What do you think?
Rate this book
312 pages, Paperback
First published December 1, 1964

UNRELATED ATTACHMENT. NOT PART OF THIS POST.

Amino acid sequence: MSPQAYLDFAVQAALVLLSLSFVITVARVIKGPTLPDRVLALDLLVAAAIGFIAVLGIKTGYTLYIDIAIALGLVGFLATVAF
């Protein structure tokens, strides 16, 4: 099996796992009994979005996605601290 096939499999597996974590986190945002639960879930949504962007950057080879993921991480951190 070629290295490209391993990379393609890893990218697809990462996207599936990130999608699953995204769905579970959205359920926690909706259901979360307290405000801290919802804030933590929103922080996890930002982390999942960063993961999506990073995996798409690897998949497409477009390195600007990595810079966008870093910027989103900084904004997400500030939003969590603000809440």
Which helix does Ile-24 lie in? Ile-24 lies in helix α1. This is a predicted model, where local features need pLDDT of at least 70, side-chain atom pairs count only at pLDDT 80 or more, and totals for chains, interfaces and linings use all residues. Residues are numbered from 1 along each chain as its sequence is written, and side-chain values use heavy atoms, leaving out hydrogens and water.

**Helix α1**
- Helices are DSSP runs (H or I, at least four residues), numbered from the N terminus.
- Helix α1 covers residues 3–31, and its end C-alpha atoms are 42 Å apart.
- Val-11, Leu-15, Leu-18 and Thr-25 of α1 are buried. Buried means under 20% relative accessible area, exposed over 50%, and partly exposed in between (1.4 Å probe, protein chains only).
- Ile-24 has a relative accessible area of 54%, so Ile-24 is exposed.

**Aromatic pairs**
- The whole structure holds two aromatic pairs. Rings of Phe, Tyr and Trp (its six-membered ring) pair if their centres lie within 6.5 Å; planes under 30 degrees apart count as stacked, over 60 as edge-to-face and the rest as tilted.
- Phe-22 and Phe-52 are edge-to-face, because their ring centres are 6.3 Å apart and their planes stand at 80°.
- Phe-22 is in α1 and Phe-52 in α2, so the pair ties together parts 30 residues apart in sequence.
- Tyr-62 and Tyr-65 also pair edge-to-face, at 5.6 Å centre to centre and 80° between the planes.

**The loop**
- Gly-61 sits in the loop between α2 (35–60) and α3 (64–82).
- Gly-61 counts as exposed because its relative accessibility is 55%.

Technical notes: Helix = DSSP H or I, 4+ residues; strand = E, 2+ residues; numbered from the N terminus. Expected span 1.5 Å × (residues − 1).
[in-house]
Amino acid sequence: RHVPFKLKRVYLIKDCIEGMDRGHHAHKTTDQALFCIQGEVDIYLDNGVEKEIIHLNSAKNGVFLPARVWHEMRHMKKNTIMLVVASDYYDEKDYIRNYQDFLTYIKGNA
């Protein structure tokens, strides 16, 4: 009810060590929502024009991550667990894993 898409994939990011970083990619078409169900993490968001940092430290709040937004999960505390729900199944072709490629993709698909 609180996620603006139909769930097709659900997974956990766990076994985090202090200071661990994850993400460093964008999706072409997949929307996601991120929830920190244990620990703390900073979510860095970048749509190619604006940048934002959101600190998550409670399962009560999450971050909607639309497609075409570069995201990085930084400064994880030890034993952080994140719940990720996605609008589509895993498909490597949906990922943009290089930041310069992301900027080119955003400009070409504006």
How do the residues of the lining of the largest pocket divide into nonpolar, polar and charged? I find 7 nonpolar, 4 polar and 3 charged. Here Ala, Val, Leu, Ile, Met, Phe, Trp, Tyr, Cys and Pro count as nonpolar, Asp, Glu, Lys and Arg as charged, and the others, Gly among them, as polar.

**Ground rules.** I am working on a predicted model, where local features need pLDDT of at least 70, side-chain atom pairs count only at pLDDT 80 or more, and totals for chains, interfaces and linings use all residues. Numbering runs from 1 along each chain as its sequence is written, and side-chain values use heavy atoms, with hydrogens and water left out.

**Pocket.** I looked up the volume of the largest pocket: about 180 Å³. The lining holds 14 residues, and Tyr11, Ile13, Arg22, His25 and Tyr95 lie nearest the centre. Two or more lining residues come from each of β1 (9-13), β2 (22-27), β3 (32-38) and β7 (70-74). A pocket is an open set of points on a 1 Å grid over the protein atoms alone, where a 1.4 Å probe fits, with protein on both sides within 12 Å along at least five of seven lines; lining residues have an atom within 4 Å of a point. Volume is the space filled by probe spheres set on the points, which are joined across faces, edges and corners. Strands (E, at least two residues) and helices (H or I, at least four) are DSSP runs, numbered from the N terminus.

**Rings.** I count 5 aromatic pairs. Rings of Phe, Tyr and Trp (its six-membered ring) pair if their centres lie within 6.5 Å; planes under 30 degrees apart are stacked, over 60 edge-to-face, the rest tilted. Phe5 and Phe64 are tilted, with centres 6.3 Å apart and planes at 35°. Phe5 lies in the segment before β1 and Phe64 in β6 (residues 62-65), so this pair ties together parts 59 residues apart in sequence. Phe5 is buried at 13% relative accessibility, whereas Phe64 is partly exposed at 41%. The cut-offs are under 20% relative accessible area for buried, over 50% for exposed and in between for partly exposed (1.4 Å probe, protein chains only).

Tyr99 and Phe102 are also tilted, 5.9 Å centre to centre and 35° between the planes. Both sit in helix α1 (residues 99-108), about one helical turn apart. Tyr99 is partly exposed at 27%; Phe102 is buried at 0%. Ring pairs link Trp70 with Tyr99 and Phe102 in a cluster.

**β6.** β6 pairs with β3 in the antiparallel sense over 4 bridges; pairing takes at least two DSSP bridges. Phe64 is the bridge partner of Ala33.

None of us can ever retrieve that innocence before all theory when art knew no need to justify itself, when one did not ask of a work of art what it said because one knew what it did. From now to the end of consciousness, we are stuck with the task of defending art.I ended up finding 'Against Interpretation' useful. Its central claim is that there is a kind of interpretation that is anti-art in that it diminishes the possibilities for appreciating/enjoying/experiencing the art rather than increasing them, which is what criticism (I would still say interpretation*) should (probably) do. I have no longer any anxiety on behalf of the author, but I still generally dislike the kind of interpretation that Sontag seems to be talking about; the kind that says one thing is another in a text and tyrannically insists on this translation. She argues that even if the interpretation that A Streetcar Named Desire is about the decline of Western civilization rather than this encounter between two interesting characters is 'correct' in the sense of being intended and implicit, this is precisely what is weak and 'contrived' about it. In my review of To the Lighthouse I felt the need to criticise both of the introductions, which I suppose is me fighting on behalf of the text or of my experience of the text. I evidently feel that something I want to remain open is being closed down when a psychoanalytic interpretation (for instance) is advanced.